Prediction - Yoshida UD10
June 19th is set to be a hectic day for fight fans thanks to a big show in Chiba. One of the many bouts on that card will see a new WBO female Super Flyweight champion being crowned, as Miyo Yoshida (12-1) and Casey Morton (8-1-3, 1) battle for the currently vacant title. For both fighters this will be their first world title bout, and potentially their only shot at world gold, given that both are the wrong side of 30.
Yoshida has been a revelation over the last 2 years or so. She debuted in 2014, in a 4 round bout, and struggled past Ayaka Sato and then took a significant break from the ring before returning to struggle past Yuko Henzan. Yoshida would win her first 4 bouts, all close decisions, before her luck ran out and she was beaten by Yuki Koseki in September 2016. Since the loss however she has gone 7-0 and shown massive improvements. Her 7-0 run has seen her avenge her loss to Koseki as well as claim the Japanese female Bantamweight title, with a win over Tomomi Takano, and later unify the title with the OPBF female Bantamweight title, which she won in 2018 with a technical decision over Gretel de Paz.
In the ring Yoshida is a good boxer-mover. She lacks power but has shown an ability to fight at a good pace, grit her teeth when he needs to and dig deep to get the win. He victory over Takano was deemed a big upset and since then her confidence has grown and grown. Sadly whilst her confidence has gotten better her competition really hasn't improved, though a win in March against Yoshie Wakasa was among her best wins to date.
At the age of 31 Yoshida is on the wrong end of 30, however Morton is the older fighter, at 35, and is also the fighter with the less impressive form coming in to this bout. The "Lady Hawaiian Punch" also debuted in 2014 and has fought consistently since then, with multiple bouts a year. She has fought not in the US and Mexico but has also been on an Asia tour, of sorts, in recent years with her last 5 bouts being spread between the Philippines and China. We mentioned her form a moment a go and that is, in part at least, due to her 2018 upset loss to Jutamas Jitpong in China, in a bout where Morton was made to look second rate to the Thai. It's also worth noting that over her last 8 she is 5-1-2, with draws against the then debuting Karla Gonzalez and the then 1-2 Samantha Salazar.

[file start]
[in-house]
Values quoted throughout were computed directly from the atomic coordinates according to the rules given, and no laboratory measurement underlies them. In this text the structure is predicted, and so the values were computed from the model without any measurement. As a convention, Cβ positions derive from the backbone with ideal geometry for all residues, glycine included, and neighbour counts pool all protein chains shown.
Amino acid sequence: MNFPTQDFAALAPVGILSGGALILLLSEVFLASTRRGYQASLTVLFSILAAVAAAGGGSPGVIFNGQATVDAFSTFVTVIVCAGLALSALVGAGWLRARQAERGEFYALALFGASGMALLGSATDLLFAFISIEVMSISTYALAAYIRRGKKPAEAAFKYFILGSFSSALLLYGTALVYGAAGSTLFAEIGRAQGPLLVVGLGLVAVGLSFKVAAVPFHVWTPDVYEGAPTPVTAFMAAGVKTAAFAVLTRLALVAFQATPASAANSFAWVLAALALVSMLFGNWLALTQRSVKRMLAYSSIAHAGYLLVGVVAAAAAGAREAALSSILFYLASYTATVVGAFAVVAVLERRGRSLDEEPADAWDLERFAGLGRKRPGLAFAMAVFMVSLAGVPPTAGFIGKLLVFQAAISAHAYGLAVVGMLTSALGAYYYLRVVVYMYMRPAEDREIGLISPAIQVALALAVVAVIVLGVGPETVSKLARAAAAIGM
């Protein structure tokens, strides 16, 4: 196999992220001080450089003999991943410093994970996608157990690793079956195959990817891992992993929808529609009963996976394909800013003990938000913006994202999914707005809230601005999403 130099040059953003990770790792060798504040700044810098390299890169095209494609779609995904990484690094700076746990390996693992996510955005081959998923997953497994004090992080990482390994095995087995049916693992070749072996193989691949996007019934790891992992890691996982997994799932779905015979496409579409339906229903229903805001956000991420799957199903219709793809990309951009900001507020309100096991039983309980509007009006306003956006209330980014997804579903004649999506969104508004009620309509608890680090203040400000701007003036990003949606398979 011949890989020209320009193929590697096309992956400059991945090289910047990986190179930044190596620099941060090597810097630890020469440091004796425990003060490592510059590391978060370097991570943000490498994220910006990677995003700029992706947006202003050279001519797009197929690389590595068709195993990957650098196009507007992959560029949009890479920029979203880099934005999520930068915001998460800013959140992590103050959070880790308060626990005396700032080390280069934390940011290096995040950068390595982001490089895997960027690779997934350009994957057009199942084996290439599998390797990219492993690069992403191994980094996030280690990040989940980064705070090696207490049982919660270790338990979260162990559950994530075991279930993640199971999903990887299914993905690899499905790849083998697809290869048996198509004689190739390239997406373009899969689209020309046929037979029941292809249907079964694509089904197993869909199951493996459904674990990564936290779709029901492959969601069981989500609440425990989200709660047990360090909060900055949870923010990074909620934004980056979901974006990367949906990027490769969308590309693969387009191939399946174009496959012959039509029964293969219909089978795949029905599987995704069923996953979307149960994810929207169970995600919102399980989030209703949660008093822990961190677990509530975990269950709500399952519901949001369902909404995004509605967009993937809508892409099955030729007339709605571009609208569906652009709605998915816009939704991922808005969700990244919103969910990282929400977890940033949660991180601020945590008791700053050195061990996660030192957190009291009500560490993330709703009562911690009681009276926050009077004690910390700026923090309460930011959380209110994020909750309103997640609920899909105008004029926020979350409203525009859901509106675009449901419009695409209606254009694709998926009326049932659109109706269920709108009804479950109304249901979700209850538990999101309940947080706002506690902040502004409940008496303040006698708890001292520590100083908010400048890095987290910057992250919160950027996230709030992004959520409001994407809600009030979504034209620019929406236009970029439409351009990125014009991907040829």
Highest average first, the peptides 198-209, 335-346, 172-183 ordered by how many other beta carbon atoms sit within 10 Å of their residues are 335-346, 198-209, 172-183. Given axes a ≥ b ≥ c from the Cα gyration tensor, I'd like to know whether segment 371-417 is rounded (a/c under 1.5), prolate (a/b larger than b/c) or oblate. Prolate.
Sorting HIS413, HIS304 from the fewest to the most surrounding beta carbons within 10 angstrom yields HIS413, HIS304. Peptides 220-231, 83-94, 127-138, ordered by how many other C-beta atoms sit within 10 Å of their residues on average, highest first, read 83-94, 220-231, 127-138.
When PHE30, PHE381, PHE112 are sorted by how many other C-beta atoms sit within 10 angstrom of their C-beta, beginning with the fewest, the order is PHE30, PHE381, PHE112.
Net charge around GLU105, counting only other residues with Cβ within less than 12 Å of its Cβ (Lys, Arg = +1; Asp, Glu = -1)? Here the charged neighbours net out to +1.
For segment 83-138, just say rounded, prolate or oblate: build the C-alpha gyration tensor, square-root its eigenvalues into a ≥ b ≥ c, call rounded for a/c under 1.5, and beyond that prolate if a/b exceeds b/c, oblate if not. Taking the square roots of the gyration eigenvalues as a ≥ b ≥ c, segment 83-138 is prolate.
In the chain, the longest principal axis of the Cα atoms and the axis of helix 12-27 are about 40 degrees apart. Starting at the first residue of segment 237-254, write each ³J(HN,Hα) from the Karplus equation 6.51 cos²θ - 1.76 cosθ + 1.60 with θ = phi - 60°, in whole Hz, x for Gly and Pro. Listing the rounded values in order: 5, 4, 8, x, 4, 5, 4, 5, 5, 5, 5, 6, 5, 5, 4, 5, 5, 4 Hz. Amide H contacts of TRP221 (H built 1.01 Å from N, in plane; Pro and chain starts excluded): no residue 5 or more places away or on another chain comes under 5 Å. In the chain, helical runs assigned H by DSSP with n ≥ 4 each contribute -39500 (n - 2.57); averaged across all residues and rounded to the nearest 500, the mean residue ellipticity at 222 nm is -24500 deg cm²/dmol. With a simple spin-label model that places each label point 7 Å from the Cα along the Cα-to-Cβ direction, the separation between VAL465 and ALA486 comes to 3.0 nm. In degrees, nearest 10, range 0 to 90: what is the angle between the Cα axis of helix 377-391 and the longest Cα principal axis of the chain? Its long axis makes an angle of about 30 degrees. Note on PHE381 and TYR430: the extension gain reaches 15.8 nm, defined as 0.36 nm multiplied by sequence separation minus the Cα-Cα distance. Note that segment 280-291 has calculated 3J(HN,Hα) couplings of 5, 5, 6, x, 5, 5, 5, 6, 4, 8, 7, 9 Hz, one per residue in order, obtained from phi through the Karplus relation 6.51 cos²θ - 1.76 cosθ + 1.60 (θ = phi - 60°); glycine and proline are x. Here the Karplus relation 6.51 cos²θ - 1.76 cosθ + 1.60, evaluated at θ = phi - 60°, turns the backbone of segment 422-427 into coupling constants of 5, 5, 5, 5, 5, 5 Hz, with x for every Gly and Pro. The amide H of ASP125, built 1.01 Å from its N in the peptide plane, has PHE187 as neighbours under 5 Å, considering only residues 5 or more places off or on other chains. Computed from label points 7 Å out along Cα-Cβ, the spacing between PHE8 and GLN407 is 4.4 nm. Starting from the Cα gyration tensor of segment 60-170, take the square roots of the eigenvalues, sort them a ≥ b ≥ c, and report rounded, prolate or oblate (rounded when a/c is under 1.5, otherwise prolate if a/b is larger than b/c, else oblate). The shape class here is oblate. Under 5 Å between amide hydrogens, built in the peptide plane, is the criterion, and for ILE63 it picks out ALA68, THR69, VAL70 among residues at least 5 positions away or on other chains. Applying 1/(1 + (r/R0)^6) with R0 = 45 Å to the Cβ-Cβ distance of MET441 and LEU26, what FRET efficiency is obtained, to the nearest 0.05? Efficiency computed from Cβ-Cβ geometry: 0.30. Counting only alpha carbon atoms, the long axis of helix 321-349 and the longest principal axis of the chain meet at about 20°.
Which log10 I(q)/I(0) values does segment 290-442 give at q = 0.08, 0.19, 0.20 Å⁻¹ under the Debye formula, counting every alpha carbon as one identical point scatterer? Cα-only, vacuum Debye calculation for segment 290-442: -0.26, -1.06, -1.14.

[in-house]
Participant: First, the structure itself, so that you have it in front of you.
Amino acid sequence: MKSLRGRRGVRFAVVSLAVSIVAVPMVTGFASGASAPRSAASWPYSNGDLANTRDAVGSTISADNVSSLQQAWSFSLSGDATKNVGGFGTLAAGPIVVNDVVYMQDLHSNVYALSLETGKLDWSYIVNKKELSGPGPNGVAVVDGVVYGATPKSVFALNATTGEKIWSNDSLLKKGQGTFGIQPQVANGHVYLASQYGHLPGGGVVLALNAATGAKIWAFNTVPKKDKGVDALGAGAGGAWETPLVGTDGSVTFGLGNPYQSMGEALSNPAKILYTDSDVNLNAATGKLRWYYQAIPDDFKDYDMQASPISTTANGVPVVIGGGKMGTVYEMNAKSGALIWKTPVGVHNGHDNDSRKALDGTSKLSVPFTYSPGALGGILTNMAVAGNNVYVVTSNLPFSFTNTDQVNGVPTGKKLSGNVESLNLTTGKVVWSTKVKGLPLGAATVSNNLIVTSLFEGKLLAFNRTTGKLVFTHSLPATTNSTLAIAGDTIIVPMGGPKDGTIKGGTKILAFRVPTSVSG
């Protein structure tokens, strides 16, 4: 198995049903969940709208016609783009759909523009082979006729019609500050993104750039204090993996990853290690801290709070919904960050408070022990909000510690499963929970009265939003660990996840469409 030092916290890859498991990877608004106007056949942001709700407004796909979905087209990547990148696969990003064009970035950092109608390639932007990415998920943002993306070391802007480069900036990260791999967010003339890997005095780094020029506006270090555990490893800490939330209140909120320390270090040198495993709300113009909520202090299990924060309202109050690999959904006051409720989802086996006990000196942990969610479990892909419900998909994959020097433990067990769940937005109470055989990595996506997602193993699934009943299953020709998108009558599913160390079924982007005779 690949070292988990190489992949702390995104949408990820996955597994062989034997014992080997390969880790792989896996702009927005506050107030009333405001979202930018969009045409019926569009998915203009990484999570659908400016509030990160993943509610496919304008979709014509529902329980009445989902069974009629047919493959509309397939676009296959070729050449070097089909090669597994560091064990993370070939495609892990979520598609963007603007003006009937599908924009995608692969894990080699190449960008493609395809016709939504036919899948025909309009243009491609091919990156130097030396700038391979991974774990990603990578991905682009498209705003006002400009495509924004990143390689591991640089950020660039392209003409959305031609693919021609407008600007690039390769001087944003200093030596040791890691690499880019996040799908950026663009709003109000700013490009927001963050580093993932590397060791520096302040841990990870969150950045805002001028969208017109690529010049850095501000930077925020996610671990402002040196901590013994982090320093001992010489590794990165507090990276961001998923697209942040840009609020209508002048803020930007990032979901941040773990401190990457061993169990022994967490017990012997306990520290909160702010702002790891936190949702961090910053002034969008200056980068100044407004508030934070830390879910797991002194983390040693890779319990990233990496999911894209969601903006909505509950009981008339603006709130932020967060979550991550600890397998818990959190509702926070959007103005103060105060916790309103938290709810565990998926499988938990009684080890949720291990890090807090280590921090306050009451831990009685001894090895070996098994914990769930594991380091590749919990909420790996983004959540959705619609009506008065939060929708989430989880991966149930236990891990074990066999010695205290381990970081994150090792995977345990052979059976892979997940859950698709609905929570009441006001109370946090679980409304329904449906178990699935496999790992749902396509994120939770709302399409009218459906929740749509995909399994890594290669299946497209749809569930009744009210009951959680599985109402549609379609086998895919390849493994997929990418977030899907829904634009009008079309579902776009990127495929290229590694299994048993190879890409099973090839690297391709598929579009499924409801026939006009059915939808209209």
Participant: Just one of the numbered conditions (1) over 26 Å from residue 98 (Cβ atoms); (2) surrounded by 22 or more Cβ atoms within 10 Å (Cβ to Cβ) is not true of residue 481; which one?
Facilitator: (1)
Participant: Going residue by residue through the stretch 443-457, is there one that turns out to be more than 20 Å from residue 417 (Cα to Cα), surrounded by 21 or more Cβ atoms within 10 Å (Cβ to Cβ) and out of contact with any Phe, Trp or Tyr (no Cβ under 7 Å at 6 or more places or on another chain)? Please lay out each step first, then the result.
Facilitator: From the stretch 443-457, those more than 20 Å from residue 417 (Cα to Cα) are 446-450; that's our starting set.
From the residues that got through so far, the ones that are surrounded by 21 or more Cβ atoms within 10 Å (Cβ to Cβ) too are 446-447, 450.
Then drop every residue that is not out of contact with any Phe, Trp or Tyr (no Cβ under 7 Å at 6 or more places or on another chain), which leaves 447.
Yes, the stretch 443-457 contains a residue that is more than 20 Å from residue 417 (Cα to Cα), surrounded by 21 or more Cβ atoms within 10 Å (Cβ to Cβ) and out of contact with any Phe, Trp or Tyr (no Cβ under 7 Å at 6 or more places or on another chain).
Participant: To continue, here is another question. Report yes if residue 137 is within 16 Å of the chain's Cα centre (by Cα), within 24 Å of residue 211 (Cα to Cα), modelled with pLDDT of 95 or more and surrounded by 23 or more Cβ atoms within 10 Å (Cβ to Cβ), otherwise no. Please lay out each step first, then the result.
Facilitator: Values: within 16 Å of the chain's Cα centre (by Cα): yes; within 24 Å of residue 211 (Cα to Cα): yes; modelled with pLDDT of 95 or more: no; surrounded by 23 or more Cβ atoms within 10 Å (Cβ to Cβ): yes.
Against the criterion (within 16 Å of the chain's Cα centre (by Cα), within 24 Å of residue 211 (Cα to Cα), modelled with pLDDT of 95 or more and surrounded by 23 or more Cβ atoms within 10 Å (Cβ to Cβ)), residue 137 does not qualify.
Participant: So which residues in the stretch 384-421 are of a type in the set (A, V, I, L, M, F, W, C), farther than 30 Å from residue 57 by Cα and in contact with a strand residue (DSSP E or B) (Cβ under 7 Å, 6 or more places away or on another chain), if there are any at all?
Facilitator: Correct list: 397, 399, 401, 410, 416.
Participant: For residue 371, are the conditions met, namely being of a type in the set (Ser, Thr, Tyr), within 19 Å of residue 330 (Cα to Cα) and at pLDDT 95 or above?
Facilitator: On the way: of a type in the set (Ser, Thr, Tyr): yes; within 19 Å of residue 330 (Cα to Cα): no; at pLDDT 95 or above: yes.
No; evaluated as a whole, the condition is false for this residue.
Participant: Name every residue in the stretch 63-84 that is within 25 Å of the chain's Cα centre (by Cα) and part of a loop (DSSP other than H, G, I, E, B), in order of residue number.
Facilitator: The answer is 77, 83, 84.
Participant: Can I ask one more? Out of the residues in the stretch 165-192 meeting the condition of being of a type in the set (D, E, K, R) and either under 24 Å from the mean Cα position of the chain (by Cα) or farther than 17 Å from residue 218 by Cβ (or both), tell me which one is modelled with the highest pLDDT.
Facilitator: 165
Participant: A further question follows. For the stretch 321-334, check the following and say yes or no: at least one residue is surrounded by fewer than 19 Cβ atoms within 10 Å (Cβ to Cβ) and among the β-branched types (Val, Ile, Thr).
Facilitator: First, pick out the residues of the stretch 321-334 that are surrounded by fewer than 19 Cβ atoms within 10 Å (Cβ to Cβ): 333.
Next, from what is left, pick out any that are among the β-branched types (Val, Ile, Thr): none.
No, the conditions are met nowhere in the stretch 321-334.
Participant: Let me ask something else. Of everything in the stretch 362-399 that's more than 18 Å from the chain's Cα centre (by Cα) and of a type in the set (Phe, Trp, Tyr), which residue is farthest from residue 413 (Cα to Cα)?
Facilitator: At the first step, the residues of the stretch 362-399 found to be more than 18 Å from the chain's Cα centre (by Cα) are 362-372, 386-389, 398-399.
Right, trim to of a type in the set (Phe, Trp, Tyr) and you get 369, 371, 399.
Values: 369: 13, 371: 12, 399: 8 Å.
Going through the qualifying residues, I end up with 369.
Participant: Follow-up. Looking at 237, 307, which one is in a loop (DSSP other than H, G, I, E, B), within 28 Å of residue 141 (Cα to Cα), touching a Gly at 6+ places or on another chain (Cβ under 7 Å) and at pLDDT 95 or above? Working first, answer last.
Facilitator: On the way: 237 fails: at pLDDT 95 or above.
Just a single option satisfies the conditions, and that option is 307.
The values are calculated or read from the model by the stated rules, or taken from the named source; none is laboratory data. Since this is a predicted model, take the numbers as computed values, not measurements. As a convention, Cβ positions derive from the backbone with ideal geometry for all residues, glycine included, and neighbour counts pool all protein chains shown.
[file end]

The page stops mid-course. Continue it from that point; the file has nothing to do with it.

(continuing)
To date Morton's best win, at least on paper, is a shut out in the Philippines against Kanchana Tungthaisong, who was a shadow of the fighter she had once been and a narrow win over Japanese female Minimumweight champion Chie Higano. Both several classes below Yoshida, both technically and physically.
Morton will know this may well be her first and only chance at a world title, but she will be up against a naturally bigger fighter who is full of confidence and we suspect that size and belief will be the difference, leading to a clear decision win for Yoshida.
Prediction UD10 Yoshida
The Japanese female scene is one that looks set to really build in 2019, with a number of rising hopefuls looking to be fast tracked through the ranks. The creation of the Japanese female titles has been a really great addition and given female fighters something to aim for on their way up the ranks.